Think for a minute about what happens when you play a game for a few hours, do something else for a week, maybe play another game, and then go back to it. You have to re-learn the controls. Which button is crouch, which one is jump, how do I talk to people, how do I run? Contrast that to the idea of having to relearn how to watch a film or what to do when you pick up a book. It seems ludicrous that the fundamental mechanics of either media would have to be re-taught every time. It’s true that both film and books require several years of engaging with them before one becomes used to them. It’s easy for people to forget this stage of our development, but watching a six year old ask what’s going on during a movie over and over reveals this process. You have to learn how to watch or read, but you also only have to learn it once because those mediums use those skills over and over. There will always be the necessary changes from game genre to genre, an RTS obviously can’t work the same way as an FPS. Other mediums also have shifts that require some personal tweaking: stream of consciousness literature takes a while to master and numerous post-modern films require a different mental approach. But that’s still incredibly minor compared to engaging with an entirely new control scheme for a game that’s in the same genre as another. Why does Halo 3 need a different control scheme from Call of Duty 4?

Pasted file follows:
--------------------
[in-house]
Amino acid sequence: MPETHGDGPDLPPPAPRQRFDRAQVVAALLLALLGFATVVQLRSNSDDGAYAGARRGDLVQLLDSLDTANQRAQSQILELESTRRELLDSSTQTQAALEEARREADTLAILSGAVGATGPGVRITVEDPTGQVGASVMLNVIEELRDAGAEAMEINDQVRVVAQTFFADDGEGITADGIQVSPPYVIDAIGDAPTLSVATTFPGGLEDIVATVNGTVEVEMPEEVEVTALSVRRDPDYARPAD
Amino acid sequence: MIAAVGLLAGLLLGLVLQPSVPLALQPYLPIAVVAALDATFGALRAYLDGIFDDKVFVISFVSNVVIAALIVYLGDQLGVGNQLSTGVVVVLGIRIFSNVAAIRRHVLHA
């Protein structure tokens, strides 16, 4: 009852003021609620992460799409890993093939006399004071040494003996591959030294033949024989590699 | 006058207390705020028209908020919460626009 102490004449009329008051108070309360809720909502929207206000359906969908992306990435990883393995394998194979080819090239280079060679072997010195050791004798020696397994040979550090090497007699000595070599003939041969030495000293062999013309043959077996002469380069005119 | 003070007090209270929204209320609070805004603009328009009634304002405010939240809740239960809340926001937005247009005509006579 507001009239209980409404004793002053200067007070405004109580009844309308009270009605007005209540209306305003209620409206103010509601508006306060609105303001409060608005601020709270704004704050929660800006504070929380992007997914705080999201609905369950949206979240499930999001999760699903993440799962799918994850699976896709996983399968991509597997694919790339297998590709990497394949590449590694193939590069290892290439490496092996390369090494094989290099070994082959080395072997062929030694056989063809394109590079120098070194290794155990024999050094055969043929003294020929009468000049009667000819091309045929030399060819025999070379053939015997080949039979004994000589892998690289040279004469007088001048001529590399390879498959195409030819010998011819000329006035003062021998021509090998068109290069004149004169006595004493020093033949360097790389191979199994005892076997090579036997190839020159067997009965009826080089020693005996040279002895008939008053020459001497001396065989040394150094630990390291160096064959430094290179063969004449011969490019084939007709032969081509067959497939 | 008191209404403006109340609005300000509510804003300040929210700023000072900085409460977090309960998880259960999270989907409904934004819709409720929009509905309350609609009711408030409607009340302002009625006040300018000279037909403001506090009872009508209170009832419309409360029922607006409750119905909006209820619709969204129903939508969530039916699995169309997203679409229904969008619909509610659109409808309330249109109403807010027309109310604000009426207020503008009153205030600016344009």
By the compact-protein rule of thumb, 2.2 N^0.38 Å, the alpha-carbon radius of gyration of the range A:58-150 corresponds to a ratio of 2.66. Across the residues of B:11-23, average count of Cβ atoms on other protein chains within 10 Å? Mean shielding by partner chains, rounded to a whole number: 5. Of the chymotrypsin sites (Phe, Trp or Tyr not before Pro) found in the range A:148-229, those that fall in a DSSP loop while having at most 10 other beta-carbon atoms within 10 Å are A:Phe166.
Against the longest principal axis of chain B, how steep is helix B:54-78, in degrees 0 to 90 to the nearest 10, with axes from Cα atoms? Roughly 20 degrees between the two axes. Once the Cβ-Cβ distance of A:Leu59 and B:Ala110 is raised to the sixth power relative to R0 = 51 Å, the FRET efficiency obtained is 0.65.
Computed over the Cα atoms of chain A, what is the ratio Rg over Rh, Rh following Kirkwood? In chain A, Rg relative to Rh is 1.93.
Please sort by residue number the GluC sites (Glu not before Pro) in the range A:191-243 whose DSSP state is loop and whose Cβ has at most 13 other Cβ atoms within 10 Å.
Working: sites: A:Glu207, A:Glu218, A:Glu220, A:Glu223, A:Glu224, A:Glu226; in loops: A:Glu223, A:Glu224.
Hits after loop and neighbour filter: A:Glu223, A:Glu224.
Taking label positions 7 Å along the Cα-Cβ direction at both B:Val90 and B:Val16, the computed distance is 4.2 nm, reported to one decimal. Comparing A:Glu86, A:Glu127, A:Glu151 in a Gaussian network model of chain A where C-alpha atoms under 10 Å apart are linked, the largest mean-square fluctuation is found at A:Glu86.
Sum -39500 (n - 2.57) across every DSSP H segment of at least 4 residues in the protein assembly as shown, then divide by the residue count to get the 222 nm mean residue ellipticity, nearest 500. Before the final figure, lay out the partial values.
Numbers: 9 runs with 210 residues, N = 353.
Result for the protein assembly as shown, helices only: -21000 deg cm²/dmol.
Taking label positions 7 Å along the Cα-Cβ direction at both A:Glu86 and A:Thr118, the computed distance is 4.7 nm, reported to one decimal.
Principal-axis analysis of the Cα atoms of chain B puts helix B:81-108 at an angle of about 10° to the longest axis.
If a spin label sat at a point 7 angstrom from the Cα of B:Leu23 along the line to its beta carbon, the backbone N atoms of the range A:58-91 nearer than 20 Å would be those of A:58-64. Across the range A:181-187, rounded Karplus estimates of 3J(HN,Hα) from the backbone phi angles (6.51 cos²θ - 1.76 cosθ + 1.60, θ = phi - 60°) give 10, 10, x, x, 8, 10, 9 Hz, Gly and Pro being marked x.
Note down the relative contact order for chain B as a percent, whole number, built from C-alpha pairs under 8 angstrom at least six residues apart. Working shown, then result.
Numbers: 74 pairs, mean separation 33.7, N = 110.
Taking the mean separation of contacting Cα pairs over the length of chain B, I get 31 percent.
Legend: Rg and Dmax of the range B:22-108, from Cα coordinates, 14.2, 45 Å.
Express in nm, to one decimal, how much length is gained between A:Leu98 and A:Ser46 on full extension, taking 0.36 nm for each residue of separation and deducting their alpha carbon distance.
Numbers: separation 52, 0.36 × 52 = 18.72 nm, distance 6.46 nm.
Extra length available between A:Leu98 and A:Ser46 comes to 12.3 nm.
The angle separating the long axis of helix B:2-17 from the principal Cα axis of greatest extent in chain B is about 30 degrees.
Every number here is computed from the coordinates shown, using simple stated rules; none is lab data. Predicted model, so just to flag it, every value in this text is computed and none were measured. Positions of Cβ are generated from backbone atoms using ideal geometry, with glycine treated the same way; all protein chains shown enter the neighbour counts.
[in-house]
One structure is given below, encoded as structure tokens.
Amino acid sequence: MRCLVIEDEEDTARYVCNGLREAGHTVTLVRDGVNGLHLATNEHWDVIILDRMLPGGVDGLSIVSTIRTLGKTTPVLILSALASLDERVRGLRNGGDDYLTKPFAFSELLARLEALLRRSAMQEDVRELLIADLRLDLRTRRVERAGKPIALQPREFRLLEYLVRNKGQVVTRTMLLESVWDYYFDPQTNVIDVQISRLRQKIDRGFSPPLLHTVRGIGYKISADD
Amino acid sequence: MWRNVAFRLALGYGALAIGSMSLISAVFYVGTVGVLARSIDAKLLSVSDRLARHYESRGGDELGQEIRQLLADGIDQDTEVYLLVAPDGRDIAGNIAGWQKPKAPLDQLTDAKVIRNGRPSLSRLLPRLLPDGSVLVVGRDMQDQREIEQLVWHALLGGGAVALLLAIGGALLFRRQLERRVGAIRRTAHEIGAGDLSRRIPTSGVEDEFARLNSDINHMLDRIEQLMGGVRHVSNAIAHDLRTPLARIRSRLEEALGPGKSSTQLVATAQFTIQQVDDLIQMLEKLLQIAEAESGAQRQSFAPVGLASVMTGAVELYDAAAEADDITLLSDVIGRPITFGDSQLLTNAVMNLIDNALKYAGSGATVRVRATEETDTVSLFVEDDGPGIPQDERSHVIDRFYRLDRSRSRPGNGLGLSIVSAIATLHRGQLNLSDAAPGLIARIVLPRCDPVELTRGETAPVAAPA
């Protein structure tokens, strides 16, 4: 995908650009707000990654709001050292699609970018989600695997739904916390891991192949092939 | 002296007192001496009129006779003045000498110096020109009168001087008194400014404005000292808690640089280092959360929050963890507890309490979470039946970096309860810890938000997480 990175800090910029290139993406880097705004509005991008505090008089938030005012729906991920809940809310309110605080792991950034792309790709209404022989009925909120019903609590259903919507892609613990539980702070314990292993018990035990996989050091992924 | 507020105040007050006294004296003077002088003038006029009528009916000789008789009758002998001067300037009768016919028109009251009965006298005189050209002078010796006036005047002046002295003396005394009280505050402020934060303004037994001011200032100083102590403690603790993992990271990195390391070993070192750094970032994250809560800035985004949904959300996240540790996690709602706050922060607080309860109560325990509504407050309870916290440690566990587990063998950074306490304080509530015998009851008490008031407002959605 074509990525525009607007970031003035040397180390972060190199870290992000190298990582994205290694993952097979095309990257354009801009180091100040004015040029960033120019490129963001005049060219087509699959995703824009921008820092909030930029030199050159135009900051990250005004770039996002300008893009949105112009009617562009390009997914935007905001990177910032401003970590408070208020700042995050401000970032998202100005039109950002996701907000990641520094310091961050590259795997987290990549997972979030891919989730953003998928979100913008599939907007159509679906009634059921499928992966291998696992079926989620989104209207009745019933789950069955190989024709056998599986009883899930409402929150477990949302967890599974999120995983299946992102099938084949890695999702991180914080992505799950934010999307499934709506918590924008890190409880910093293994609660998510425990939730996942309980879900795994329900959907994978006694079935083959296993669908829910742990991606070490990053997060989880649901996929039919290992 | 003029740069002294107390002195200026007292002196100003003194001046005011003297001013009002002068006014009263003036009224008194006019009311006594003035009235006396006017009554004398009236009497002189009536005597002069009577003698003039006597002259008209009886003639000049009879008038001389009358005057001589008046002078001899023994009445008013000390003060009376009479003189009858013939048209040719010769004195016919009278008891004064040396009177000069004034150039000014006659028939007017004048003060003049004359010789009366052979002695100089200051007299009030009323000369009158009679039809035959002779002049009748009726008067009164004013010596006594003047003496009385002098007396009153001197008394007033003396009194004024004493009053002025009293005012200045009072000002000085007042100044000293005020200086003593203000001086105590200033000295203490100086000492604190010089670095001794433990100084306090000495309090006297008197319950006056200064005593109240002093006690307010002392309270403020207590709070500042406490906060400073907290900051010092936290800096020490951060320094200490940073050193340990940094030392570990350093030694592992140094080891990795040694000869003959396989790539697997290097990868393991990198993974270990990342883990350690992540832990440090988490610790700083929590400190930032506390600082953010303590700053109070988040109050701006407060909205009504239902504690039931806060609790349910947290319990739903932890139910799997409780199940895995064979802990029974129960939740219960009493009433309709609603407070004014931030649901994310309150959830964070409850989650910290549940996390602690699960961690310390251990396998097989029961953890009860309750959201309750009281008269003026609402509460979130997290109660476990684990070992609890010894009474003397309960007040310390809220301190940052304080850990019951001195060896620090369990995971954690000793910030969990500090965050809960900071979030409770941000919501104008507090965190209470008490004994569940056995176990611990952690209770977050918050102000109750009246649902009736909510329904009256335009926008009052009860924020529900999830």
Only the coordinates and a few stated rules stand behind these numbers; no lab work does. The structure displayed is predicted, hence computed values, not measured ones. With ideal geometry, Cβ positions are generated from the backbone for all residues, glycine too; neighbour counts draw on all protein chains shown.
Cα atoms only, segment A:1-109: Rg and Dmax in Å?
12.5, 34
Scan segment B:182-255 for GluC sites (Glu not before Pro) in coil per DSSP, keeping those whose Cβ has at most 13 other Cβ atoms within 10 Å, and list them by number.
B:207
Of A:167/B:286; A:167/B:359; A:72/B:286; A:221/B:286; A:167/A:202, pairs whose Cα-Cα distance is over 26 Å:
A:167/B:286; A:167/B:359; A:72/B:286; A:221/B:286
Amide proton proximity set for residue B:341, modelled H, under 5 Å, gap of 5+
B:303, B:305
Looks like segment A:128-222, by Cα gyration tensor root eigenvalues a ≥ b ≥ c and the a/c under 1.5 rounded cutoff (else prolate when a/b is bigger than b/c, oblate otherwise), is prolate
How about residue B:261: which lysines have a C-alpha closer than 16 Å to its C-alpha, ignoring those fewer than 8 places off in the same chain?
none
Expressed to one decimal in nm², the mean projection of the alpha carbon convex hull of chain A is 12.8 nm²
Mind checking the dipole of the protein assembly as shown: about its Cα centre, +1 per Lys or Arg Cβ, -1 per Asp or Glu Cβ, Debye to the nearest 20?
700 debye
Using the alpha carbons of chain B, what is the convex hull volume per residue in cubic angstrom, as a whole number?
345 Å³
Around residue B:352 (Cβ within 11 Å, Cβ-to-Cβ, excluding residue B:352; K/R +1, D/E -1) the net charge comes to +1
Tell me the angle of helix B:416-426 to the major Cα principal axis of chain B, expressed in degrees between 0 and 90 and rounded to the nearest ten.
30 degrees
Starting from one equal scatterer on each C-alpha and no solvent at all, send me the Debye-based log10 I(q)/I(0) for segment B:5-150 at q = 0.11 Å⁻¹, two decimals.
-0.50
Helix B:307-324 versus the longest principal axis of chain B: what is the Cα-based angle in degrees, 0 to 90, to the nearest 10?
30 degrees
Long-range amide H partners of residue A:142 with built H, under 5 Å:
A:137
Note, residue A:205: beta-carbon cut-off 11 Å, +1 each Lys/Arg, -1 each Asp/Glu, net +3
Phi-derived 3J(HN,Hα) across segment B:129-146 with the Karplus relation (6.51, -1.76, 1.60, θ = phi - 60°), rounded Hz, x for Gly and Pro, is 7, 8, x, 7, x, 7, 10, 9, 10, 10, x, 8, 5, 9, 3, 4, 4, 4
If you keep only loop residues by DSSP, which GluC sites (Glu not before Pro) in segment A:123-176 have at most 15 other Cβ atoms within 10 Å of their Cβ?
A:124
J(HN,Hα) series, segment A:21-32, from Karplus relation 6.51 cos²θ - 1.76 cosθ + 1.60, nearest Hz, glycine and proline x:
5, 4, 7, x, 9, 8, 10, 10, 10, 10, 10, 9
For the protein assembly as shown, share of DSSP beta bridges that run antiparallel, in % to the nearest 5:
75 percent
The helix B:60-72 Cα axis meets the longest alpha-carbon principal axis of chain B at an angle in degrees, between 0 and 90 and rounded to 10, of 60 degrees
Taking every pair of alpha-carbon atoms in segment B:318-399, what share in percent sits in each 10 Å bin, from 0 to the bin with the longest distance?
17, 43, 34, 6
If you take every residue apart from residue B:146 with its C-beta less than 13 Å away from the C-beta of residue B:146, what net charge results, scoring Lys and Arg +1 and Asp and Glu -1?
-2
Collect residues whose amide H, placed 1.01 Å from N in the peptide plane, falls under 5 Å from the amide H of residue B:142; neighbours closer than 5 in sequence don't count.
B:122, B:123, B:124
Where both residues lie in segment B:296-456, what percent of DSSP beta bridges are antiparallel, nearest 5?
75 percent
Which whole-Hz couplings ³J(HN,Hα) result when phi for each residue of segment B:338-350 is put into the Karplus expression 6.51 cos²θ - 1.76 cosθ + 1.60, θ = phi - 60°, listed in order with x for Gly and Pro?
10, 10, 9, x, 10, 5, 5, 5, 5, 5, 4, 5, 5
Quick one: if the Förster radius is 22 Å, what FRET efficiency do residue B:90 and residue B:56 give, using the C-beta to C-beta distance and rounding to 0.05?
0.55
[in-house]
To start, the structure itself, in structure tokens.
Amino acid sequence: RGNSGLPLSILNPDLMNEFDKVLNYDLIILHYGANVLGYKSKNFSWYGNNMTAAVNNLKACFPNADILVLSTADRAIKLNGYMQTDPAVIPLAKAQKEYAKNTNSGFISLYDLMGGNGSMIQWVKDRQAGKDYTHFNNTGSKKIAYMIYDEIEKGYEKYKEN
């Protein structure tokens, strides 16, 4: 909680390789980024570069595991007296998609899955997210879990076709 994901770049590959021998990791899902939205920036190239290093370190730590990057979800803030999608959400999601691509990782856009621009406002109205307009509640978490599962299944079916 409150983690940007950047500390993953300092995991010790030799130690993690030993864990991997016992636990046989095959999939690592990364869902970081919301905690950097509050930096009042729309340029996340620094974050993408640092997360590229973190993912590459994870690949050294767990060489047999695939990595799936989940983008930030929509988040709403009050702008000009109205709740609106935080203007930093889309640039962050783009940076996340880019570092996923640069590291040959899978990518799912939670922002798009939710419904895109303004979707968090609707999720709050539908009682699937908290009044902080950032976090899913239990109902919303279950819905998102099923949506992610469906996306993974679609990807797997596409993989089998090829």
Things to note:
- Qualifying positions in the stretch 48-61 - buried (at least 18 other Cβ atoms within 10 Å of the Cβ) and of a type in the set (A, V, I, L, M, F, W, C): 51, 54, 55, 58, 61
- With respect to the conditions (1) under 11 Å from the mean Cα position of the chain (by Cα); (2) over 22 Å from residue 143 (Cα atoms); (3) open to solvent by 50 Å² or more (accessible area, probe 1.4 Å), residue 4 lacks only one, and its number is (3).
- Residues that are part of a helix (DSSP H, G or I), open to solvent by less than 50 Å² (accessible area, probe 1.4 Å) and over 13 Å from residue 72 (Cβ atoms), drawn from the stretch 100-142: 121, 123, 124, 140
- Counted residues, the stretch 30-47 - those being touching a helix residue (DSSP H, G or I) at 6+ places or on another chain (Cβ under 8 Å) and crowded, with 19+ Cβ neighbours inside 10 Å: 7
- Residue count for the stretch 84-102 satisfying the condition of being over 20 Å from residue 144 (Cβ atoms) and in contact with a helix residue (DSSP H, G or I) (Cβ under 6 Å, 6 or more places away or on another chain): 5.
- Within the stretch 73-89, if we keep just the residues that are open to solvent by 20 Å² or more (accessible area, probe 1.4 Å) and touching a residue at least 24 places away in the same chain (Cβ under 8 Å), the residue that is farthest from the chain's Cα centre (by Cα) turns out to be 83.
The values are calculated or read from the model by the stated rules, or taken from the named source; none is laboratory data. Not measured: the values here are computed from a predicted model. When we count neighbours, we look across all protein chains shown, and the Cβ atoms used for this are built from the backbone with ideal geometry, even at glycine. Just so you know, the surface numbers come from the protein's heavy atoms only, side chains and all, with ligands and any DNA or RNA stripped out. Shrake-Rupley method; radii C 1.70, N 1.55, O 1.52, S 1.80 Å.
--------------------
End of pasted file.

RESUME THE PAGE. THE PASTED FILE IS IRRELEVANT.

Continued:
Then again, there are lots of reasons these games have different controls. One game has vehicles in it, the other lets you call airstrikes. But these are game design issues, rules for the player to learn, not controls they need to master. Why would an artistic medium whose foundation is player input insist on screwing around with that aspect so much? It’s not as if games don’t already mimic one another’s interfaces or consoles by featuring similar control schemes anyways. They even made a universal controller during the last generation of consoles, to give you an idea of how similar they all are. Nor are the needs of various video games all that different. A brief review of the development of game controllers reveals one fundamental driving force: what is the best way to control an avatar moving in a virtual space? The Atari joystick led to the D-pad to maximize 2-D control. 3-D meant adding the analog-stick and then another one to control the camera. Balancing these issues is where to place the buttons in relation to this scheme. Not to harp on the Wii-mote, but it’s essentially another step in more precise avatar interactions in a 3-D environment. I want my avatar to do what I just did with my hand. Surely we’ll finally hit one method, one player input, that’s the most efficient of the bunch for a decent period of time?